Thursday, April 22, 2010

Cancer Check

Last time I had a mammogram, in 2008, I was sent to Women's & Infant's Hospital for special diagnostic imaging. The result? Minute calcifications in the left breast. It was probably nothing, but just to be safe they scheduled me for a follow-up in May 2009.

In May 2009, I was working on my third relapse. Getting a mammogram was the last thing on my mind. My doctor called me to encourage me to go, but I explained that beating leukemia was my first priority. I figured I was getting enough toxins and radiation to hold off breast cancer.

When I read an article that Martina Naritalova recently had cancerous calcifications removed from her breast, I called to make an appointment for my follow-up. Except that Martina had been a guest at my house for a Marathon brunch, I never would have clicked on the article. Isn't it funny how we connect the dots of our world?

Today was my appointment and I'm pleased to say they saw nothing to worry about. The technician apologized for the discomfort she put me through, but I assured her that I wasn't bothered by it at all. How can I complain about a little breast wrenching after what I've been through.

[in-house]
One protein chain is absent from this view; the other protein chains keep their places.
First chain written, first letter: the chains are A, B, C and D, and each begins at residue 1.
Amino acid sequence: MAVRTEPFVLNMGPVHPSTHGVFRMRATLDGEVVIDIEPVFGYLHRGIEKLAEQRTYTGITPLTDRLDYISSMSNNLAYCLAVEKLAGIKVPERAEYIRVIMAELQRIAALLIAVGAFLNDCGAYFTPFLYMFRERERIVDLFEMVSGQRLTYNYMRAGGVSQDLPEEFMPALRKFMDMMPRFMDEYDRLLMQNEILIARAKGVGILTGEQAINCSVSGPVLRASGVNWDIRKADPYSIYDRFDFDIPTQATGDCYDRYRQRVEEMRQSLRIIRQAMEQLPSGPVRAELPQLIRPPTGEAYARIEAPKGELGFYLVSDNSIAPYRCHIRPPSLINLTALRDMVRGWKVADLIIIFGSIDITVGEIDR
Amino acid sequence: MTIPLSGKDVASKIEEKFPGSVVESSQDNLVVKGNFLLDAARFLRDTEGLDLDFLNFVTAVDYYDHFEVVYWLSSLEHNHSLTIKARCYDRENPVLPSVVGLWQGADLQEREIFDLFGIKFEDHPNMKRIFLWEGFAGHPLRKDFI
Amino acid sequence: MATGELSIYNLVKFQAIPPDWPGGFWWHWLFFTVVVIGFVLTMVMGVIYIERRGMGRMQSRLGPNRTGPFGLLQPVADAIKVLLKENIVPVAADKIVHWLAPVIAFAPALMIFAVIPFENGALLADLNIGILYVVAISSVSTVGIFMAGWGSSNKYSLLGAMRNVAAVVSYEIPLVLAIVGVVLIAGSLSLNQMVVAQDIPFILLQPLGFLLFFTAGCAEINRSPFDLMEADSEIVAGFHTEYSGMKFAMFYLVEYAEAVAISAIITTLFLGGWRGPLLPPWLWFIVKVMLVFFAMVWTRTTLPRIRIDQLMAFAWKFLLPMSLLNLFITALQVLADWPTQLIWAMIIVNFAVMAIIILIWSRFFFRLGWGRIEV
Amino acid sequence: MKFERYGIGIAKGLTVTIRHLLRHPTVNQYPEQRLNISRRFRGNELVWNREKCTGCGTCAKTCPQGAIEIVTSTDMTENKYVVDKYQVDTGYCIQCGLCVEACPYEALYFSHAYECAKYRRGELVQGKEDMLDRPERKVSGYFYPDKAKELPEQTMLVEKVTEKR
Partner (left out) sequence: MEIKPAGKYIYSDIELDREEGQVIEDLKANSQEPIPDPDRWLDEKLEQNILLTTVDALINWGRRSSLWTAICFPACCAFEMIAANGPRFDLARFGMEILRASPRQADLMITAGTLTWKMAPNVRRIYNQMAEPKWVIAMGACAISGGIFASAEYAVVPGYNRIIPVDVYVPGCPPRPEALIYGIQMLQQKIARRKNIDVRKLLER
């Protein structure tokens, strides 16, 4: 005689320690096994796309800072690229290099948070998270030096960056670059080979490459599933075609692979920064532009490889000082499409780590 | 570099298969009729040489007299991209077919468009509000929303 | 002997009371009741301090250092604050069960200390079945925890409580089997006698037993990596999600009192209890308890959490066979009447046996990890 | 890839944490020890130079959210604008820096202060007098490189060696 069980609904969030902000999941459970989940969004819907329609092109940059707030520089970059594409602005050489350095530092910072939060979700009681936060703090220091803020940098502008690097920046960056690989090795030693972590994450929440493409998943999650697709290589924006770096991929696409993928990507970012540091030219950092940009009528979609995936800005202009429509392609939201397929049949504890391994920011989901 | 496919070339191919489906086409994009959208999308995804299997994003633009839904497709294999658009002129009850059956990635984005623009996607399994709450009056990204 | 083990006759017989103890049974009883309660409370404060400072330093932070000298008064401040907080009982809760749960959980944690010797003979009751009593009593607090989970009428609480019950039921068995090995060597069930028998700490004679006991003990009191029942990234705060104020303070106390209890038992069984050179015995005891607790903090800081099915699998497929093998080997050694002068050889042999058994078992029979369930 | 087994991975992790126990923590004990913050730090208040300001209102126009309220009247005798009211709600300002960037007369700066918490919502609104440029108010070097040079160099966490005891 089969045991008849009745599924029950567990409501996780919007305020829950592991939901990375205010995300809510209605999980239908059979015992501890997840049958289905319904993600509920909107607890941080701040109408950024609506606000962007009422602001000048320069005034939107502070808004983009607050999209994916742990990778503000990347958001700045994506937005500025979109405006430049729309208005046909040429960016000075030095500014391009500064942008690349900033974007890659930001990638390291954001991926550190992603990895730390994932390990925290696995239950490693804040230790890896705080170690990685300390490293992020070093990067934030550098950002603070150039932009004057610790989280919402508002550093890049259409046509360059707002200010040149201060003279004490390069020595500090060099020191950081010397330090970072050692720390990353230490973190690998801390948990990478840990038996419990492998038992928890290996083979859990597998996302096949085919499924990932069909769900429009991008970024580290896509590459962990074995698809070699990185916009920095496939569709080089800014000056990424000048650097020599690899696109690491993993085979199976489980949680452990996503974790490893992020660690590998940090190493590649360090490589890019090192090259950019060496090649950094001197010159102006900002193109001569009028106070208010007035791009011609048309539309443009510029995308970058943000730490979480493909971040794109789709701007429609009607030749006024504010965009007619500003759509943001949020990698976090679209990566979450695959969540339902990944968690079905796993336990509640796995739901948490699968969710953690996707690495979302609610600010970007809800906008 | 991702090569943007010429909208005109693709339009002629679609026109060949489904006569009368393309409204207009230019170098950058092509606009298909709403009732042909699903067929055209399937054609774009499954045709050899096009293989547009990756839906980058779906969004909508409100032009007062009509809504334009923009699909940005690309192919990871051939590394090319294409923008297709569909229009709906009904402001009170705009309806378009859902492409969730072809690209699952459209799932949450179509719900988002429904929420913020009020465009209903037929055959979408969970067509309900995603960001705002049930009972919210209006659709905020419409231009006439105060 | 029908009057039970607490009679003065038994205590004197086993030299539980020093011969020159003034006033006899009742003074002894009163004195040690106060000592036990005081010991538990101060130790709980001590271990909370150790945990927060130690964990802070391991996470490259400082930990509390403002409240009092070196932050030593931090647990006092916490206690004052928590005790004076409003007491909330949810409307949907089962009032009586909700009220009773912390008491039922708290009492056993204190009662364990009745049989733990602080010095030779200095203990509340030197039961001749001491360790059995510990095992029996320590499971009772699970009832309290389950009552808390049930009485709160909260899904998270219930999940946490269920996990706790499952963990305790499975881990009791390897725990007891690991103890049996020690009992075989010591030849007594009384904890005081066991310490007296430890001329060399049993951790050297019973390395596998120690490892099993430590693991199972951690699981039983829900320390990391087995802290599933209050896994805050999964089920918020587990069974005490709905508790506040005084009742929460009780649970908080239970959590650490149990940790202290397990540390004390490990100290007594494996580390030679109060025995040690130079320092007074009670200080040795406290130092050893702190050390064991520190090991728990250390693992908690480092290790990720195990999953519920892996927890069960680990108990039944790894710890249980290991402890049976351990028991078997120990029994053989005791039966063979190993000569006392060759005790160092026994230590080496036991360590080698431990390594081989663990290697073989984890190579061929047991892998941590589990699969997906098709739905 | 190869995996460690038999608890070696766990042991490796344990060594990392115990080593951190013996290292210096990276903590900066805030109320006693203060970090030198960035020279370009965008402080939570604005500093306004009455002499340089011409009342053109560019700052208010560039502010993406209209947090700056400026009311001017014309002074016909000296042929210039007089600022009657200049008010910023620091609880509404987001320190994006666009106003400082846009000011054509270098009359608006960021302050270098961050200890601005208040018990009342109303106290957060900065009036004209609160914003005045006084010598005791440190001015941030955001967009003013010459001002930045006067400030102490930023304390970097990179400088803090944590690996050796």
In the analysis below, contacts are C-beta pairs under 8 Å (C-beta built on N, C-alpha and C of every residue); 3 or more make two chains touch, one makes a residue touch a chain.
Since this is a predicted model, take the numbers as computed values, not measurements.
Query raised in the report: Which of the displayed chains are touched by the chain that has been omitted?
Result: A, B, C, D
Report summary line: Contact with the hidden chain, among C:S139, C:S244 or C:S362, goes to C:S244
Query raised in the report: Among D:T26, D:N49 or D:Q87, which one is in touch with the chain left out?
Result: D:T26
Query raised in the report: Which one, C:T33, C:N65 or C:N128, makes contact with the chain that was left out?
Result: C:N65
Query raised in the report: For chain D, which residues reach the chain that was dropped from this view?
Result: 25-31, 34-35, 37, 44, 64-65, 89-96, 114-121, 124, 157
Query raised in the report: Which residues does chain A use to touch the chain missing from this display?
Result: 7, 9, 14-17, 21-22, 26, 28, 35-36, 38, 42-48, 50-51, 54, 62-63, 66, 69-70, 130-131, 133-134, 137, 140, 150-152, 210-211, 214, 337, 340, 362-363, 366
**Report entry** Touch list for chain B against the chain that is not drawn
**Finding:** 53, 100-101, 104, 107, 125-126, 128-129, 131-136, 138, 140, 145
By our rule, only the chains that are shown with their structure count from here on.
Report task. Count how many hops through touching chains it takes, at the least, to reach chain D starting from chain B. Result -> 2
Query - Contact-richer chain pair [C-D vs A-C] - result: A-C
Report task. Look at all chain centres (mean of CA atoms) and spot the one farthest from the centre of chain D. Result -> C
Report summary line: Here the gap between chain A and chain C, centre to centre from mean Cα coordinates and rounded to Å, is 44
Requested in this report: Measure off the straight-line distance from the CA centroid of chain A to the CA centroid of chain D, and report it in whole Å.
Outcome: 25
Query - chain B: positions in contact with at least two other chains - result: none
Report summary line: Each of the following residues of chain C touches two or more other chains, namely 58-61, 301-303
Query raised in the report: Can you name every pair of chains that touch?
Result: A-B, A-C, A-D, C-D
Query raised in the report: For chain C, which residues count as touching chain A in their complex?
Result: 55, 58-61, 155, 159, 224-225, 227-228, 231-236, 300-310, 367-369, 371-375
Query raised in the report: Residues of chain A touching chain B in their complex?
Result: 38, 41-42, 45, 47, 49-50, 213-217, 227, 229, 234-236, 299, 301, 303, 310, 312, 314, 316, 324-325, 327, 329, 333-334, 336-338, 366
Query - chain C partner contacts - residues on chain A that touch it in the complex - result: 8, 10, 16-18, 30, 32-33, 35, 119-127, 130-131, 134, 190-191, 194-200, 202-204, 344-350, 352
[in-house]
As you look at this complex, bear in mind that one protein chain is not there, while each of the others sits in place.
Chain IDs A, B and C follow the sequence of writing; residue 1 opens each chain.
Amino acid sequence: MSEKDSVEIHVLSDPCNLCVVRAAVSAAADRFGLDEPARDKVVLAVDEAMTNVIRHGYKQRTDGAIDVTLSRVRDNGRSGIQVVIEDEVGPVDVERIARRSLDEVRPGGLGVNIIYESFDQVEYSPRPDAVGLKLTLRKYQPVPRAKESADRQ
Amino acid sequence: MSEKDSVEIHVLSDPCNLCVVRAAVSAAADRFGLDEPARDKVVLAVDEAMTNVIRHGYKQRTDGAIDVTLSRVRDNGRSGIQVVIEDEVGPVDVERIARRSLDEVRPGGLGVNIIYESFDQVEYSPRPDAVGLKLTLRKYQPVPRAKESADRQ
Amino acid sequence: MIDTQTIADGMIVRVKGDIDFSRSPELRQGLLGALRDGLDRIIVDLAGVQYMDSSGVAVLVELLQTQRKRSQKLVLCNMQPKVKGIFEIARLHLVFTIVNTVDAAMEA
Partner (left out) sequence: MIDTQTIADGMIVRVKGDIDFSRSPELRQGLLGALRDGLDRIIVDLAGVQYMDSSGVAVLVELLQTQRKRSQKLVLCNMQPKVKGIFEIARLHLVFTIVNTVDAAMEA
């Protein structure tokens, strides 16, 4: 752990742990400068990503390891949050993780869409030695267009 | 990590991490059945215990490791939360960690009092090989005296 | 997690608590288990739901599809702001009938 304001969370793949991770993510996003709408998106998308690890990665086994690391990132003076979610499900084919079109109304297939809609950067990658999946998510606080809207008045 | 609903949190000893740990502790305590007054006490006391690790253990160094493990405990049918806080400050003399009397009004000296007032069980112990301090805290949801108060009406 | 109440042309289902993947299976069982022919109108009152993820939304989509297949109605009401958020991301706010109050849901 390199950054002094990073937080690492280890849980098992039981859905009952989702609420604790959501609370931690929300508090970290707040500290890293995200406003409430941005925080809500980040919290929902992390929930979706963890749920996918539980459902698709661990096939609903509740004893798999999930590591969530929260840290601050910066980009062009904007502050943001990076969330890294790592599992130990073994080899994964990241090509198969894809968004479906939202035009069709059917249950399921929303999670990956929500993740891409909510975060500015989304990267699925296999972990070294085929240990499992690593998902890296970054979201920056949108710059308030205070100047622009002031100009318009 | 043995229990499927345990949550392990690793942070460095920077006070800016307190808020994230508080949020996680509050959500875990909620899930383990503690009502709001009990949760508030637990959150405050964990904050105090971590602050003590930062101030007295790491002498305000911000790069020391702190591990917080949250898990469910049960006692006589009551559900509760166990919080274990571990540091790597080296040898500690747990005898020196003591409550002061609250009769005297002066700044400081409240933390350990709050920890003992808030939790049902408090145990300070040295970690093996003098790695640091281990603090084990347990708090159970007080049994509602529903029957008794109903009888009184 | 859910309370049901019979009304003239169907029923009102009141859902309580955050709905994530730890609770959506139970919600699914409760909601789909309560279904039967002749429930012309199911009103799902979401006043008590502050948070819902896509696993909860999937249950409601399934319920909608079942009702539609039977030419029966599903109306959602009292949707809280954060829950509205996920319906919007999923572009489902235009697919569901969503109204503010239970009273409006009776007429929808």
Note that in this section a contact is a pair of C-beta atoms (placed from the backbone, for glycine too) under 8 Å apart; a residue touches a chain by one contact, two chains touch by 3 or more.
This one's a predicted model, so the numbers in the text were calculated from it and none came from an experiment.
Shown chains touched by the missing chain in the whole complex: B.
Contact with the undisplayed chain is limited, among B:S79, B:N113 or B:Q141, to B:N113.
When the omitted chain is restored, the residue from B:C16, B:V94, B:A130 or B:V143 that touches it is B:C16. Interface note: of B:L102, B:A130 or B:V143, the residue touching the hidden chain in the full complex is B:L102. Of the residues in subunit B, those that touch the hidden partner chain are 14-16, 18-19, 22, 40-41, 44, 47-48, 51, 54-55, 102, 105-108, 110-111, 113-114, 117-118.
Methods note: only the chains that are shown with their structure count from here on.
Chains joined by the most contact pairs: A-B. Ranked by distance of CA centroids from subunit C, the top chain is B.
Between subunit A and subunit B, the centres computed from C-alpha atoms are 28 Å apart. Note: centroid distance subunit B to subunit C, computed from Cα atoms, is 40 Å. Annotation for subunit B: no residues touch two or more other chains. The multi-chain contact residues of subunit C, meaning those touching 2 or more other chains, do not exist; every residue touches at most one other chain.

Martina and I are cancer-free.

Wednesday, April 14, 2010

April 14, 1985

This was one of the worst days of my life. I was watching baseball in my brother's living room in South Florida. It was a beautiful day--sunny, dry, in the 70's. The phone rang and my brother answered it. The death watch was over. My mother's body had shut down a week after what the doctor claimed was successful surgery for lung cancer. I'd flown down a few days earlier and couldn't recognize the yellow swollen body on the bed. Hair unkempt, wearing a hospital gown, and without make-up. This simply could not be my mother.

Her kidneys were failing. I called her internist, whom I met once before. I asked what her chance of survival was. 10%, he said. I crumbled. So this is how it ends.